Back to top

Whole Exome Sequencing

Whole Exome Sequencing
Use whole exome sequencing to:
  • Focus on selected regions and small variations within a genome
  • Confine observations to the protein coding regions of a genome in a diagnostic related setting
  • Reduce costs and turnover time for recurrent detection in a long term study



Considerations before starting a whole exome sequencing project:

  • Which organism and reference genome?
  • Aim of the study?
  • Required coverage?

Let us guide you – from design to analysis

Example projects using whole exome sequencing:

  • Single nucleotide variations (SNVs) and small insertions and deletions (InDels) observations for cancer samples
  • Comparing SNV profiles
  • Time series observation of mutagen treatment consequences on protein modification

Applications related to whole exome sequencing:

  • Eukaryotic resequencing
  • Microsatellite marker development


A typical workflow for a whole exome sequencing project is shown in the graphic below. Please note that our highly-modular processes allow you various entry and opting out options. If you outsource your entire NGS project to Microsynth or only parts of it is up to you.


For further reading and a detailed technical description, please download our Application Note Illumina Whole Exome Sequencing (see related downloads).


The results produced by our analysis module help answer two main questions of a resequencing of a eukaryotic exome aiming at detecting variations to a pre-annotated reference exome.

  1. How well was the target exome covered? (see Table 1)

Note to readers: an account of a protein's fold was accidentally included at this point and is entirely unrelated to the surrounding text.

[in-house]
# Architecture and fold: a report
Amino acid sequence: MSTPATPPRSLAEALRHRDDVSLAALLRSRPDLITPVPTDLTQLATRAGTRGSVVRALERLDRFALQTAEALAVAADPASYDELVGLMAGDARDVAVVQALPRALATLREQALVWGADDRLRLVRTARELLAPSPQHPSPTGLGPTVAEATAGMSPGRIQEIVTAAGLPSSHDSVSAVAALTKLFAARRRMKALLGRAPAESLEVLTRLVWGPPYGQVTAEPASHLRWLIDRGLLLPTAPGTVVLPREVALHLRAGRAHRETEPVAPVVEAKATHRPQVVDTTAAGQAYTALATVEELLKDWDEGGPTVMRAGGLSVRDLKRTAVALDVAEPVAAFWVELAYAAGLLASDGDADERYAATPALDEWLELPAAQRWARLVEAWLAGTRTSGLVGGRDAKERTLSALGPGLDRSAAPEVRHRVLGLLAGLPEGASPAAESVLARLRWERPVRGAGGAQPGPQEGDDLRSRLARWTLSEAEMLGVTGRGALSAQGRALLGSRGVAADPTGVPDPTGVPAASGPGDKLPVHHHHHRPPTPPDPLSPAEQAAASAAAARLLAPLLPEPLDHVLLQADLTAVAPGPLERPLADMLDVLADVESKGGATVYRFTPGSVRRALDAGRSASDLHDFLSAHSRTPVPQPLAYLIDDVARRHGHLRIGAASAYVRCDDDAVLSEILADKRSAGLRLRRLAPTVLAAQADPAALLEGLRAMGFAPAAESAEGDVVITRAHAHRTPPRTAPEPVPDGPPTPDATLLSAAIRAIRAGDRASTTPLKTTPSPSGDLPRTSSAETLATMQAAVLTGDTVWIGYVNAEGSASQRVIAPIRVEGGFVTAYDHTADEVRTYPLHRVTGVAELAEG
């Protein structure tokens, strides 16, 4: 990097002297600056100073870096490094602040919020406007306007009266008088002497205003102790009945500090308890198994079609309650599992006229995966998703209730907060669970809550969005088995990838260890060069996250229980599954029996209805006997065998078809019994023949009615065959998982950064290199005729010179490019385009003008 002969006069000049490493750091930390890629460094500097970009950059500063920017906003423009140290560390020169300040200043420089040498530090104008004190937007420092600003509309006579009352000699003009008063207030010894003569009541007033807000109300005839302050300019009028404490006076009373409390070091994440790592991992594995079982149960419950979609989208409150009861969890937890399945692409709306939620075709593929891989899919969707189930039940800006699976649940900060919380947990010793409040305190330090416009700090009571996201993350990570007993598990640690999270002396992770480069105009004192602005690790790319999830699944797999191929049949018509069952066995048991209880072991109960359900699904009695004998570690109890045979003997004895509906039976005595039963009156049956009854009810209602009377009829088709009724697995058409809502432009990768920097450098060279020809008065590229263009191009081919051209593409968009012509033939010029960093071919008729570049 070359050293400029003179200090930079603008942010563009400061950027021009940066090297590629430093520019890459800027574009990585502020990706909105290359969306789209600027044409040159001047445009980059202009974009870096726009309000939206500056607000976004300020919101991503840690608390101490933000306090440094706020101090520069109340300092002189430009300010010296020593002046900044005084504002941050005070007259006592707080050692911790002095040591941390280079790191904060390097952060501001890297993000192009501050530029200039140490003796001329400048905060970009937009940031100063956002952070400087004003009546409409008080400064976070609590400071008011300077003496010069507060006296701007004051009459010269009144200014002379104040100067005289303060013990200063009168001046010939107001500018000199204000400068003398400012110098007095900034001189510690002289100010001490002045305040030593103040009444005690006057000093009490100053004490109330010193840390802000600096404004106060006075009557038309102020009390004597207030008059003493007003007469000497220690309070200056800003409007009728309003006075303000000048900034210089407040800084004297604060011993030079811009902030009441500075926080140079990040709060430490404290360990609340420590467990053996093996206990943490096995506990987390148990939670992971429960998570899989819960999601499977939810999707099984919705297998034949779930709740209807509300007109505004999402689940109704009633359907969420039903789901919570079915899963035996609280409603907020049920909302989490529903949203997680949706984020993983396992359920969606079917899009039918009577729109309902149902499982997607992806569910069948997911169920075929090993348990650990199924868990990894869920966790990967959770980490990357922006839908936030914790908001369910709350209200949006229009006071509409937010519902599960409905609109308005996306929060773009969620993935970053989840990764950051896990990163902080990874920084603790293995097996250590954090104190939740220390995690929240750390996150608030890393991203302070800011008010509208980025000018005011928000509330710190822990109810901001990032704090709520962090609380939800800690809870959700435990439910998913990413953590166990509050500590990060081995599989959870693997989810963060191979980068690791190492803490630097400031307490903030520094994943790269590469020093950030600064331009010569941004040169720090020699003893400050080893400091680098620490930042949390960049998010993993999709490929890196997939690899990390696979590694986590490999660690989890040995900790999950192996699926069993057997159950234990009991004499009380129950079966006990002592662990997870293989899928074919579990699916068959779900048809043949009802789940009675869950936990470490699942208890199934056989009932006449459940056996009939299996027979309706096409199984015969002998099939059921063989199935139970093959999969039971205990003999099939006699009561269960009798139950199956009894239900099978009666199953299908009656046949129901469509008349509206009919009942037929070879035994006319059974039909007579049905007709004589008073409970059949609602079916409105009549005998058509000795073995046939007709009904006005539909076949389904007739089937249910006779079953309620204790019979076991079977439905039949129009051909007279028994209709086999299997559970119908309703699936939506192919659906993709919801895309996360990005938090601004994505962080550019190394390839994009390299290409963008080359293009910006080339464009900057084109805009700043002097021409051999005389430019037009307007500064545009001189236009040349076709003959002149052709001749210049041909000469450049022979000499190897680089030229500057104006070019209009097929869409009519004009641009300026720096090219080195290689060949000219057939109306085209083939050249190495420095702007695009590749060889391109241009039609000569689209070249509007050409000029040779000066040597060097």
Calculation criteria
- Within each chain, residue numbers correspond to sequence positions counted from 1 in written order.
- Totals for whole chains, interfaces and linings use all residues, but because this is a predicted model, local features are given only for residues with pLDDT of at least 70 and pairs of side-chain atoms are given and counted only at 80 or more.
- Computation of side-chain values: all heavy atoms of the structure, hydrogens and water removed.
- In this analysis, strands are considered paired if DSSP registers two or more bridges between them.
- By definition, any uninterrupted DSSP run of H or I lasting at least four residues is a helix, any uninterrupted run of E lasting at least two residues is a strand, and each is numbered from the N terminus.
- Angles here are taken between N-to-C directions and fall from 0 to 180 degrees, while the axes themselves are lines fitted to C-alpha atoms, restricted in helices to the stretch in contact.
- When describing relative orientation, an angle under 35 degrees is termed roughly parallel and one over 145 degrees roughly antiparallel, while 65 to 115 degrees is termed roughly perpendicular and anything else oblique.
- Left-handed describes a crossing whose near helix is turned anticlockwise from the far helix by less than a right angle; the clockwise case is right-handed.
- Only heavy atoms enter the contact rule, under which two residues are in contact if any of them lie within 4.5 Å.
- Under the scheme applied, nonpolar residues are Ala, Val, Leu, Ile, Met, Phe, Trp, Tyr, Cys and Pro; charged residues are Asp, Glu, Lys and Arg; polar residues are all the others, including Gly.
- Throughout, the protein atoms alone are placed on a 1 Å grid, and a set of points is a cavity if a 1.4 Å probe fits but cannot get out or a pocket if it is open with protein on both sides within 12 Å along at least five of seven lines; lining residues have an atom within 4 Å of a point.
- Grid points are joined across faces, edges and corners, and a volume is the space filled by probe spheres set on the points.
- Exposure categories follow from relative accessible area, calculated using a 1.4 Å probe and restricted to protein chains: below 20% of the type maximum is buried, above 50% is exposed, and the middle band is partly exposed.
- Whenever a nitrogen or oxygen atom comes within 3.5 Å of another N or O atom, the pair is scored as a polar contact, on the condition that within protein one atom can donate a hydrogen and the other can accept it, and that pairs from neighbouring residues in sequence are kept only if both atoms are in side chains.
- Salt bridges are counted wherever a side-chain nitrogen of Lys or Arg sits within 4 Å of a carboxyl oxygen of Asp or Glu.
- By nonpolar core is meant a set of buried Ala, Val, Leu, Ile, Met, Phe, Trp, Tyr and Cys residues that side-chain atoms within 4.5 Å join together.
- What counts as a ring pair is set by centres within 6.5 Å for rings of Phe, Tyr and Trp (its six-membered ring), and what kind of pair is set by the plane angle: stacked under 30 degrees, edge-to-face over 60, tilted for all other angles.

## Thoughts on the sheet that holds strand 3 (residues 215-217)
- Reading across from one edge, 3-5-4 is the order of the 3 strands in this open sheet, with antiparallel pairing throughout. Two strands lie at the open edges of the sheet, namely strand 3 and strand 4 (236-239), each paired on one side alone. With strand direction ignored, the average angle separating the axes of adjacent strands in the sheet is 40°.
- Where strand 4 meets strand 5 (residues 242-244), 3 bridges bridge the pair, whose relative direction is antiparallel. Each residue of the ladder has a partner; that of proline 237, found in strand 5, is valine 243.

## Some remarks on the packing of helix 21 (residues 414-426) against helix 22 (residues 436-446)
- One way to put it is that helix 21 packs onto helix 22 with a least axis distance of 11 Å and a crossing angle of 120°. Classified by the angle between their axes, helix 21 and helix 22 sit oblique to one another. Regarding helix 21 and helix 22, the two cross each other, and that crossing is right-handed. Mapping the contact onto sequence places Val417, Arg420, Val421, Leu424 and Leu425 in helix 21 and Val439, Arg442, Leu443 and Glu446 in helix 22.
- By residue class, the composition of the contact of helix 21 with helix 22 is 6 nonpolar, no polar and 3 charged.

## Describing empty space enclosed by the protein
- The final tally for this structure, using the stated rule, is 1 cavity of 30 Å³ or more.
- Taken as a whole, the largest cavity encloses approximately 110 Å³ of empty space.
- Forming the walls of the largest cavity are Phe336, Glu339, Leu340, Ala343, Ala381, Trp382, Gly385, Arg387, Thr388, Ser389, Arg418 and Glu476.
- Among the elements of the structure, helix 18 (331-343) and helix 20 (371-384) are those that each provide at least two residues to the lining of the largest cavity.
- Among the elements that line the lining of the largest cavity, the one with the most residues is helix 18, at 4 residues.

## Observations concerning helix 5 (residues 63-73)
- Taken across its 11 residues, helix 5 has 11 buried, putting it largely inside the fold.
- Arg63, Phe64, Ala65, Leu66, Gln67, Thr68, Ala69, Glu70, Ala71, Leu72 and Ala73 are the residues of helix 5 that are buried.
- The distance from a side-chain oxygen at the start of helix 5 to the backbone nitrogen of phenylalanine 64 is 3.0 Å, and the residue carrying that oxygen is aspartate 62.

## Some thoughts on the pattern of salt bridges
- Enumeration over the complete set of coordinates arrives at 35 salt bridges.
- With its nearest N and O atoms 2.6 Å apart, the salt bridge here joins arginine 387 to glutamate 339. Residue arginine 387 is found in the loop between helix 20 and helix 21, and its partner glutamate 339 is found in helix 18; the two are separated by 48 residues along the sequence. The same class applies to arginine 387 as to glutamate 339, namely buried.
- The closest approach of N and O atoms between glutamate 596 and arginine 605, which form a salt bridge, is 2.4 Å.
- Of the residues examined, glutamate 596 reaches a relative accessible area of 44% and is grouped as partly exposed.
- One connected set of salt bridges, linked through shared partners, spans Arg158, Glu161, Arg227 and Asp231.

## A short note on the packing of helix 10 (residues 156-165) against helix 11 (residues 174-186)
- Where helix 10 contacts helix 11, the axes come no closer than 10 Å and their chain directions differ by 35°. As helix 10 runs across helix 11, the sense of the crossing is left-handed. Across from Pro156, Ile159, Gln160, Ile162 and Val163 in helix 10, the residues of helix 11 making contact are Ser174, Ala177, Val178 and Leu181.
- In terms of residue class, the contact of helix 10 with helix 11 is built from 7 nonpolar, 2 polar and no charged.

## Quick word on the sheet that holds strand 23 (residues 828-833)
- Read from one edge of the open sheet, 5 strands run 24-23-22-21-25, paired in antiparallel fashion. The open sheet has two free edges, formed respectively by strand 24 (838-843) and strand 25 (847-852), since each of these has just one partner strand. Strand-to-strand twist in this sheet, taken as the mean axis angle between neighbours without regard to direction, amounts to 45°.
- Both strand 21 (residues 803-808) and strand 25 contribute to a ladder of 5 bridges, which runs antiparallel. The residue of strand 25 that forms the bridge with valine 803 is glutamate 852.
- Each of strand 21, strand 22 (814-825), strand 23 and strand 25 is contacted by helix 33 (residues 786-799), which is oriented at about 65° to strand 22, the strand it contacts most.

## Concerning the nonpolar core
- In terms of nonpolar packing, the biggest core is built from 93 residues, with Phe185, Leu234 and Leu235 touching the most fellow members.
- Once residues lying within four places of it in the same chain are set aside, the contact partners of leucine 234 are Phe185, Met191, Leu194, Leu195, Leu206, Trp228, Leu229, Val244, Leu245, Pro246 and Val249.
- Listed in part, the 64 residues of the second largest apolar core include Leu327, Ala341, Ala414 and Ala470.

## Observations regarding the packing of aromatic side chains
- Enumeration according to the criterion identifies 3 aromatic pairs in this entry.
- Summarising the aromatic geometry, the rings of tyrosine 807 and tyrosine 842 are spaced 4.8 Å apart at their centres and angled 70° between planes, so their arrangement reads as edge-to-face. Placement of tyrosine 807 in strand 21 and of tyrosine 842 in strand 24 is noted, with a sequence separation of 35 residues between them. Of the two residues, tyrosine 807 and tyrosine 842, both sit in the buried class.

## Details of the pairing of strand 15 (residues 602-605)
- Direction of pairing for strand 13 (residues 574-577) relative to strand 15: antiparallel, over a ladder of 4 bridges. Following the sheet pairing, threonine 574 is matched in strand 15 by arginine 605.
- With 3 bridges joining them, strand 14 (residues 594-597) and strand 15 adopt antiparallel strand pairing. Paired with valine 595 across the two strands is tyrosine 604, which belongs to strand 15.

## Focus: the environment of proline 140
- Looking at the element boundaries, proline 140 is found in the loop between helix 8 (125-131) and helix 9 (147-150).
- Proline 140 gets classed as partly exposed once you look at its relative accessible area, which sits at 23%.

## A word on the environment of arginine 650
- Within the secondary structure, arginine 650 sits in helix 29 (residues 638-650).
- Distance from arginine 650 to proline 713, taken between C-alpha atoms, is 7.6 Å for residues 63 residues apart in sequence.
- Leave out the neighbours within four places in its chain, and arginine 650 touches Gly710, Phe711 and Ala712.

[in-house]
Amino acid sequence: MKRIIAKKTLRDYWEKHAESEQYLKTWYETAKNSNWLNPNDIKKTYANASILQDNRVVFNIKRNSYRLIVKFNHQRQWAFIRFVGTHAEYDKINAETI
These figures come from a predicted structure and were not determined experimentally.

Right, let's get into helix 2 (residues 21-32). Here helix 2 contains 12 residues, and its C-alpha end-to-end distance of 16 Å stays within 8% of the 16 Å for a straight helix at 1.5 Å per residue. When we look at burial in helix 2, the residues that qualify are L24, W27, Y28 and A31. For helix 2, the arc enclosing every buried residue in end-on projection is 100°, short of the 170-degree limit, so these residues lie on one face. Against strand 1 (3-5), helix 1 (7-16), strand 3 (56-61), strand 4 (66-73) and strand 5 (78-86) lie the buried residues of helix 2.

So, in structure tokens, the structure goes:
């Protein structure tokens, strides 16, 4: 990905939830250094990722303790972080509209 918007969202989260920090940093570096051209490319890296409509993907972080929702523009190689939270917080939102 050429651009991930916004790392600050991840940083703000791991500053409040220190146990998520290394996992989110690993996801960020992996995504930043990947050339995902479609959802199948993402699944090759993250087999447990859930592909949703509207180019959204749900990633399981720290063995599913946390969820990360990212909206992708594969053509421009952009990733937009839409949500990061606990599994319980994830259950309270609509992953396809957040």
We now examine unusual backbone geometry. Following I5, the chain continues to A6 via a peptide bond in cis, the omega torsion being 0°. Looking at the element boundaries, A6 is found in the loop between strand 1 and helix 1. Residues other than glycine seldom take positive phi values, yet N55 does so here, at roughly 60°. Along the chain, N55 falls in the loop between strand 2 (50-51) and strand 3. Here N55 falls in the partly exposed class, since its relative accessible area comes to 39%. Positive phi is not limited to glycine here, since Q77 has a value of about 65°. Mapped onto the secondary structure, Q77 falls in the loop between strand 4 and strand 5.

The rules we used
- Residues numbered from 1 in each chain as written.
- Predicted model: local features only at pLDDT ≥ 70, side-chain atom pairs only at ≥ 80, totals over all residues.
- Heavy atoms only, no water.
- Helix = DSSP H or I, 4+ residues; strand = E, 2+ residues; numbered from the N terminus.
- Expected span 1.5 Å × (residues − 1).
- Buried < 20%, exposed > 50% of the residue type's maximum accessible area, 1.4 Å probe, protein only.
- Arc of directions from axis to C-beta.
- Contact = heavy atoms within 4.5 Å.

2. Which are the single nucleotide variations and small insertions/deletions in comparison to the reference genome and which are the effects of these detected variations on the protein level? (see Tables 2A and 2B)
  3. Which of the detected variations are also known and listed in public databases (e.g., ClinVar - NCBI - NIH)? (see Table 3)
Table 1: This is a cutout of the full table detailing read coverage for every target in the sequenced exome.
Table 2A: This detail of a results table shows the detected variations and their annotation.
Table 2B: This detail of a results table shows the detected variations and their effect on the respective protein sequence.
Table 3: This detail of a results table shows detected variations that are also listed in public databases such as ClinVar - NCBI - NIH.

Turnaround Time

  • Delivery of data within x working days upon sample receipt (includes library preparation and sequencing)
  • Additional x working days for data analysis (bioinformatics)
  • Express service possible on request

x= on request